Texas | Images
| Vintage Photos
courtesy Jay Berndt Stroburg
Travis County's Swedish-born Physician
on the Sanitarium Veranda c.1920
Manor c. 1920 (See Forum
|Dr. and Mrs.Stroburg
in 1910 Sterns with son John Berndt Stroburg at the wheel
| Dr. John A.
Stroburg with adopted daughter Lillian
Sanitarium in Manor, 1920
| This is [Doctor
Stroburg's Obit] from the Texas State Journal of Medicine,
dated February, 1927:
"Doctor John A. Stroburg died at his home in Austin, Texas on October
22, 1926 after a brief illness. He was born in Lannaskede Province,
Sweden December 3, 1858. In 1858 his parents immigrated to Moline
Illinois where he received his academic education. He took a business
course at Davenport, Iowa and later in Augustana College in Rock Island,
Illinois. For a time, he taught shorthand,, bookeeeping, pennmanship
and telegraphy in a business college in Grand Rapids, Michigan.
He took a job with the St. Paul and Milwaulee Railroad as a bookeeper
and it was employed by the railroad that he was induced to take up
the study of medicine. He graduated from Rush Medical College in Chicago
in 1893. Immediately after graduation he wed Miss Sophie A. Walter
and set up a practice in Cadillac, Michigan.
After a few years, he returned to Chicago as house physician at Augustana
Hospital - where he also served as assistant to Dr. A. J. Oschner.
He later practiced at St. Francis and Mercy Hospital at Burlington,
Iowa for four years before moving to Texas for his health. He made
his home in Manor, Texas where his health was restored. He left Manor
for two years to attend a post-graduate course in Chicago and then
went to Berlin, Germany where he studied under some of the great masters
of medicine. From Berlin he went to Hamburg for a course of several
months, returning to Manor where he opened a small general hospital.-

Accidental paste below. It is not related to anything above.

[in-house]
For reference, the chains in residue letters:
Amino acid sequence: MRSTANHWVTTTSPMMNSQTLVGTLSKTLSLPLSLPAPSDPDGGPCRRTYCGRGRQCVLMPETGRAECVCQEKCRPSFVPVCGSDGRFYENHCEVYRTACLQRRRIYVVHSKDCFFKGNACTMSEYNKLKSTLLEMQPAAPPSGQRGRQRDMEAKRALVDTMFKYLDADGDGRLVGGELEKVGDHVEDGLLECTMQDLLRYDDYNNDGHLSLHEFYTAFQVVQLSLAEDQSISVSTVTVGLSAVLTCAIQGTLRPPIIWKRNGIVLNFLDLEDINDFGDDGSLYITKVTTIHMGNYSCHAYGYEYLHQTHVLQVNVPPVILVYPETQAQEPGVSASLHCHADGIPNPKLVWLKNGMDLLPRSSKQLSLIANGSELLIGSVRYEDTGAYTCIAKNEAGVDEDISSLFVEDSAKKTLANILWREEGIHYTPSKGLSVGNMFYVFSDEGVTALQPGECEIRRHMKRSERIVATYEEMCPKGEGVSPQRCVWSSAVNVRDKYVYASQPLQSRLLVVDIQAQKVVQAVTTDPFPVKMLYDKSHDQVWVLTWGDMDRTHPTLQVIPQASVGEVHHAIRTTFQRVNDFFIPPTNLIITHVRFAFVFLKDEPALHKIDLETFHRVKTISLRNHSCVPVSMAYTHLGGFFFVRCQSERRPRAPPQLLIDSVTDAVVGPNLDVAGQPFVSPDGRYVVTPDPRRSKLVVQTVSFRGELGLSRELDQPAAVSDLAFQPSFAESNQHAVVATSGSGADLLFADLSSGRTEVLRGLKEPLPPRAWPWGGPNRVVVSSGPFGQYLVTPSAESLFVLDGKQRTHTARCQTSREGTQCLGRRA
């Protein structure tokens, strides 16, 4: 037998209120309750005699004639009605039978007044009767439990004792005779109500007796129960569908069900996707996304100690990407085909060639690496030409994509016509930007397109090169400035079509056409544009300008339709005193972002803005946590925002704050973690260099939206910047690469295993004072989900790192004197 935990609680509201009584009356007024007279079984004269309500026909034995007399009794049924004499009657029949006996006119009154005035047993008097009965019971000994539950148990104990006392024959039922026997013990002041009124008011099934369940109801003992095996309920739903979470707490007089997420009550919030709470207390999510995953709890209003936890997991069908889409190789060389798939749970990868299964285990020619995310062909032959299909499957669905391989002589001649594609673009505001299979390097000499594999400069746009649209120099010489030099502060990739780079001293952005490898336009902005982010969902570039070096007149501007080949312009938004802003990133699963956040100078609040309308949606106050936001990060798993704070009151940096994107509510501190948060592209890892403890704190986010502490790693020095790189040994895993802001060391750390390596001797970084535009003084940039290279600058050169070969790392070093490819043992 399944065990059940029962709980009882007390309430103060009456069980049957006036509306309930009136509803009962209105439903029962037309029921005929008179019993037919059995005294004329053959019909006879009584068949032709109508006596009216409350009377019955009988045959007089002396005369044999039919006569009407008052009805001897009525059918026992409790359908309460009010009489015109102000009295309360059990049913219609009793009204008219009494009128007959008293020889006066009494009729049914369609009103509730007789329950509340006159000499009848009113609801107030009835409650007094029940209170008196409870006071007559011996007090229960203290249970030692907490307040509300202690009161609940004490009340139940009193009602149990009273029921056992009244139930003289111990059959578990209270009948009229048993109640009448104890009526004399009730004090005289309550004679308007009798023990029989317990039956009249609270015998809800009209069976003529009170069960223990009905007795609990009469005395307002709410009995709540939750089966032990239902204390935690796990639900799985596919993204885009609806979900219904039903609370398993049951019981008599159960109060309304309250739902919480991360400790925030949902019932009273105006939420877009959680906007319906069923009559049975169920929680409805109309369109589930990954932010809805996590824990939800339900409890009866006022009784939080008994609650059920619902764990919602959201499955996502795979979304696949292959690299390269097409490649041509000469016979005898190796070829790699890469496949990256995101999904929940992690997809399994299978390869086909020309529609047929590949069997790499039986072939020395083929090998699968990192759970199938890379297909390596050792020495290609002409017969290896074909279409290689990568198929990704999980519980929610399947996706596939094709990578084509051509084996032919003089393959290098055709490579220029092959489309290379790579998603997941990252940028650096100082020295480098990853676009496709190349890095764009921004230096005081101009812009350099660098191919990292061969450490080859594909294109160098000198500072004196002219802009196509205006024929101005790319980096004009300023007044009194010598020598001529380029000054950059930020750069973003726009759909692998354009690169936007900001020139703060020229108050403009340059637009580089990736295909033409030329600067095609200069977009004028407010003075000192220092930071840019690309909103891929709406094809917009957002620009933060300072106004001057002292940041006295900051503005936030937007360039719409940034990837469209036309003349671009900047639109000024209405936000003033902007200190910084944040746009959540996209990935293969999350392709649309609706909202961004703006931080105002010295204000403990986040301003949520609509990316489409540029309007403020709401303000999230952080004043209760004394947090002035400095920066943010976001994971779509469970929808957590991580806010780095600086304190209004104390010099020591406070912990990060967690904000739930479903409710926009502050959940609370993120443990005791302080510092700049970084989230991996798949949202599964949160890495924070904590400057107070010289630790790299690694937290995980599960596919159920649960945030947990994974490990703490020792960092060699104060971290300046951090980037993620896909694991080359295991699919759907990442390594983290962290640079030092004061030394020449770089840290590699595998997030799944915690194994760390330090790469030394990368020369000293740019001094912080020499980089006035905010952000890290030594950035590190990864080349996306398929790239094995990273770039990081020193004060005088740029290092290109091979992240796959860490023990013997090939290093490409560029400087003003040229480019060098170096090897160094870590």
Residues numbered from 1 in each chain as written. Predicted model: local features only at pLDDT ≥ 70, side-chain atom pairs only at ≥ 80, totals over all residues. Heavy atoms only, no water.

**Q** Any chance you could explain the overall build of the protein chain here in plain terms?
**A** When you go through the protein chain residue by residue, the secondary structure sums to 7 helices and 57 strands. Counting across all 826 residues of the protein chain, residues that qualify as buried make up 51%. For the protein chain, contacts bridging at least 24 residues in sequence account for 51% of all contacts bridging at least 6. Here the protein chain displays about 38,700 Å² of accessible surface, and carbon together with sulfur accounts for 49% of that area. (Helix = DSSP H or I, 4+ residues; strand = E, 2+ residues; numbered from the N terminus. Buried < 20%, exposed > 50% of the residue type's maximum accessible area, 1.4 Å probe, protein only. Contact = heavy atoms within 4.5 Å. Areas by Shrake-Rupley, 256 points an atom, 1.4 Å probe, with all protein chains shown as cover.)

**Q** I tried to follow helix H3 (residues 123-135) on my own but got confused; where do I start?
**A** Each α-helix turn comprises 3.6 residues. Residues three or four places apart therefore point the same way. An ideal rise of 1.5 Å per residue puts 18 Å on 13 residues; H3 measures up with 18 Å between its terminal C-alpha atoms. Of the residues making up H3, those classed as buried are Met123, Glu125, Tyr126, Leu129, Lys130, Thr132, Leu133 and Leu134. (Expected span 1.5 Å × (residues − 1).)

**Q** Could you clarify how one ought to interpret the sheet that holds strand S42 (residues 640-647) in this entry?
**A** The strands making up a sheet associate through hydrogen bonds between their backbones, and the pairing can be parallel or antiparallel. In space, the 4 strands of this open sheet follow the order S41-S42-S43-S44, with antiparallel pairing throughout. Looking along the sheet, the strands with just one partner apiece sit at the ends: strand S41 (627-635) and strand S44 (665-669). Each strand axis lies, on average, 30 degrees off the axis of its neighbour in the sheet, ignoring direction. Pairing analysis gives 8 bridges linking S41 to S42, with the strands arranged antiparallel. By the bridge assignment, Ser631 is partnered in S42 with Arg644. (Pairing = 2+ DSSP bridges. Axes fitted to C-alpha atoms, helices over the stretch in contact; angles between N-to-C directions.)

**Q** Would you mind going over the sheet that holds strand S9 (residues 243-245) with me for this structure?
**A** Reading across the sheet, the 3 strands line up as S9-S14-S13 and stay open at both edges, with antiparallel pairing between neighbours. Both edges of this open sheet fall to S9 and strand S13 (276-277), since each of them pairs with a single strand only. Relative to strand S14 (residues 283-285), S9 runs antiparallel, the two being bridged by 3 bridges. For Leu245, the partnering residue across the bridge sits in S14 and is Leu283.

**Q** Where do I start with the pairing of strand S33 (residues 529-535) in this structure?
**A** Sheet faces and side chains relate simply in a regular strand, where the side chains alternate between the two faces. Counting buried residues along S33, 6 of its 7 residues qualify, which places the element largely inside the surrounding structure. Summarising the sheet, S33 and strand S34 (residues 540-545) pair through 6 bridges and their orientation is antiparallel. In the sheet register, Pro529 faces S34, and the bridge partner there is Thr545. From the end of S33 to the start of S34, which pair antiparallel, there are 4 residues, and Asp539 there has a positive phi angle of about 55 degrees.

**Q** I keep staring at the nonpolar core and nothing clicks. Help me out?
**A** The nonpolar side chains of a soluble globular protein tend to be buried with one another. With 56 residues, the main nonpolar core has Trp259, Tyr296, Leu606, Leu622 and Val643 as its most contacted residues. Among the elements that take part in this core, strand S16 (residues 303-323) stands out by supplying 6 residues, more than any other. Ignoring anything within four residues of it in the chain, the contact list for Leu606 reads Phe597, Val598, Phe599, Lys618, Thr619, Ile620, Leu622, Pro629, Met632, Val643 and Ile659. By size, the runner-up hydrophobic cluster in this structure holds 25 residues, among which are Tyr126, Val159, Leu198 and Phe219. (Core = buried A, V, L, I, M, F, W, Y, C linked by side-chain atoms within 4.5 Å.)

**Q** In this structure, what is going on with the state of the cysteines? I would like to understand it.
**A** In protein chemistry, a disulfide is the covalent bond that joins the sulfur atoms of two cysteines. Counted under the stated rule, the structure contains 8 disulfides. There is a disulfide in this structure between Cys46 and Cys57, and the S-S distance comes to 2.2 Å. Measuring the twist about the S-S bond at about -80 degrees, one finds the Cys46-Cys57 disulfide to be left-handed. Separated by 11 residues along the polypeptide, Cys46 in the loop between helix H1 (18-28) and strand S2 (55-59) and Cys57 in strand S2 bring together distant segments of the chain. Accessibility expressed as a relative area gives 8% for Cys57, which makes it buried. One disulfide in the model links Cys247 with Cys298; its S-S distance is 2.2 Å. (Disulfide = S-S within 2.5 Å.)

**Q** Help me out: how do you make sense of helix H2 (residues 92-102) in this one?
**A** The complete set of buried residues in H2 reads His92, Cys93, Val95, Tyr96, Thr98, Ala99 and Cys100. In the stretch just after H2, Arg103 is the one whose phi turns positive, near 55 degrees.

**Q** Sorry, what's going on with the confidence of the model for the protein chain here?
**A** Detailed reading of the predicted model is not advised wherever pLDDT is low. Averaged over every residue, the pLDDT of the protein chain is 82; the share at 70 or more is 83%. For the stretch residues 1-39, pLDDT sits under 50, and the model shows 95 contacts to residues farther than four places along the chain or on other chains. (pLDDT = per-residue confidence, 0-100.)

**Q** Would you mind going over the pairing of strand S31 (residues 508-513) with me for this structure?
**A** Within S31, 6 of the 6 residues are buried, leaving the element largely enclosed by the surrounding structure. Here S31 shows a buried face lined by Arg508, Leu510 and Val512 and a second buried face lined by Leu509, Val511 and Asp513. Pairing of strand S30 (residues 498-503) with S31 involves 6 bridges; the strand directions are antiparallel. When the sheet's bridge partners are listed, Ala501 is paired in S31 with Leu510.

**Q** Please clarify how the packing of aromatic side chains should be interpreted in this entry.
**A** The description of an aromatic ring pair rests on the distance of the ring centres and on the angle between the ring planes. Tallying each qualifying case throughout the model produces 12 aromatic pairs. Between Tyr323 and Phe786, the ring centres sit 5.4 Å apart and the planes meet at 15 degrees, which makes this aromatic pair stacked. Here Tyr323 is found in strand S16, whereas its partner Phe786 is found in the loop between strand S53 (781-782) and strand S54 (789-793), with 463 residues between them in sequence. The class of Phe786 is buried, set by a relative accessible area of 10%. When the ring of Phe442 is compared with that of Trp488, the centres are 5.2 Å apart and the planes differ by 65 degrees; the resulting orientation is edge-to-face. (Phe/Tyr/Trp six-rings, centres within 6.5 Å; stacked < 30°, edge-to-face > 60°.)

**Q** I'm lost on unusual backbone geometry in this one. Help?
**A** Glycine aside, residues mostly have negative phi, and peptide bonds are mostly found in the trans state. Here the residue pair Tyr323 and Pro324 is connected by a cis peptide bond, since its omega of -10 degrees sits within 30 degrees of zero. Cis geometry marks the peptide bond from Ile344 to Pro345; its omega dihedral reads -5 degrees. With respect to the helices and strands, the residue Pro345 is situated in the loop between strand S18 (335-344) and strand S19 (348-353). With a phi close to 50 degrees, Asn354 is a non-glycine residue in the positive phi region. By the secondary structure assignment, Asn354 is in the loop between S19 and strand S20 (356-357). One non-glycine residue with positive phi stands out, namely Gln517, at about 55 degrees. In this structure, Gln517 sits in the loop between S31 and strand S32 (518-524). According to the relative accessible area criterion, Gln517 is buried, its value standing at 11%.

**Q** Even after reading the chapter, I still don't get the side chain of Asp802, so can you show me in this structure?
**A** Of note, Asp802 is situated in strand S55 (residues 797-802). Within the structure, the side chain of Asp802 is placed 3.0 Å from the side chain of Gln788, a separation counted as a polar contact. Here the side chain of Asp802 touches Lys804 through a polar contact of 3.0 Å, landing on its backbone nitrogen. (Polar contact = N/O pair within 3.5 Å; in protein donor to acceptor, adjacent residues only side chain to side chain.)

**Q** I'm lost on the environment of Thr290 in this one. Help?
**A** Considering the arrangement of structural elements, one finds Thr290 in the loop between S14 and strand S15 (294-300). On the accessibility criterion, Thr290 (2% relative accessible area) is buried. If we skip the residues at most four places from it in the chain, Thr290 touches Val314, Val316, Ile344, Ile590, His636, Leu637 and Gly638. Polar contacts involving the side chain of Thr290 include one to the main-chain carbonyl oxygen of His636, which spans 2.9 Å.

In 1911 he removed to Austin where he entered the General Practice
of Medicine. His change of residence and field of endeavor was incident
to a physical depletion which followed a severe case of pneumonia,
which rendered him physically incapable of holding up his country
practice. He restricted his practice to a few friends, in the meantime
traveling extensively in the effort to improve his health. He was
operated on at the Mayo Clinic in August of 1926.
He is survived by his widow, an adopted daughter, a son, and a grandson."
| John Berndt
Stroburg with best friend on the porch
Doctor John A.
Stroburg was my great-grandfather.
I have a ledger book which documents the names of the doctor's patients,
their ailments, and the cost of the remedies offered. Since he was
in Manor, this must represent many of the residents of the area. These
few photos are undeniably of Manor, but I have hundreds of others
which are surely of the central Texas area and document the times.
Attached is some correspondance between the Doctor and the Travis
County Sheriff and the letter of their concern.*
- Jay Berndt Stroburg
*The letter mentioned was hate mail
addressed to the doctor - warning him to leave Manor and threatening
his life if he didn't take the advice. The rambling barely-coherent
letter was forwarded to the Travis County Sheriff who assured the
doctor that cowardly threats were not to be taken seriously, and that
the Sheriff's office would would be available to help or investigate
should any others arrive.
Subject: Manor locomotive
I just took a closer look at the locomotive on the Manor site--the
one that's supposed to be ca. 1920. That's a much older locomotive.
That's an oil-fired headlight, & those things had been replaced by
on-board DC electric generators & electric headlights by the 1890s.
From the looks of the tender--I can't be real sure because it's not
that clear--the fuel appears to be coal. By 1910 all locomotives in
Texas were oil-fired. I'd put the date in the mid to late 1880s, based
on the headlight, ignoring the fuel. - Charley Eckhardt, May 12,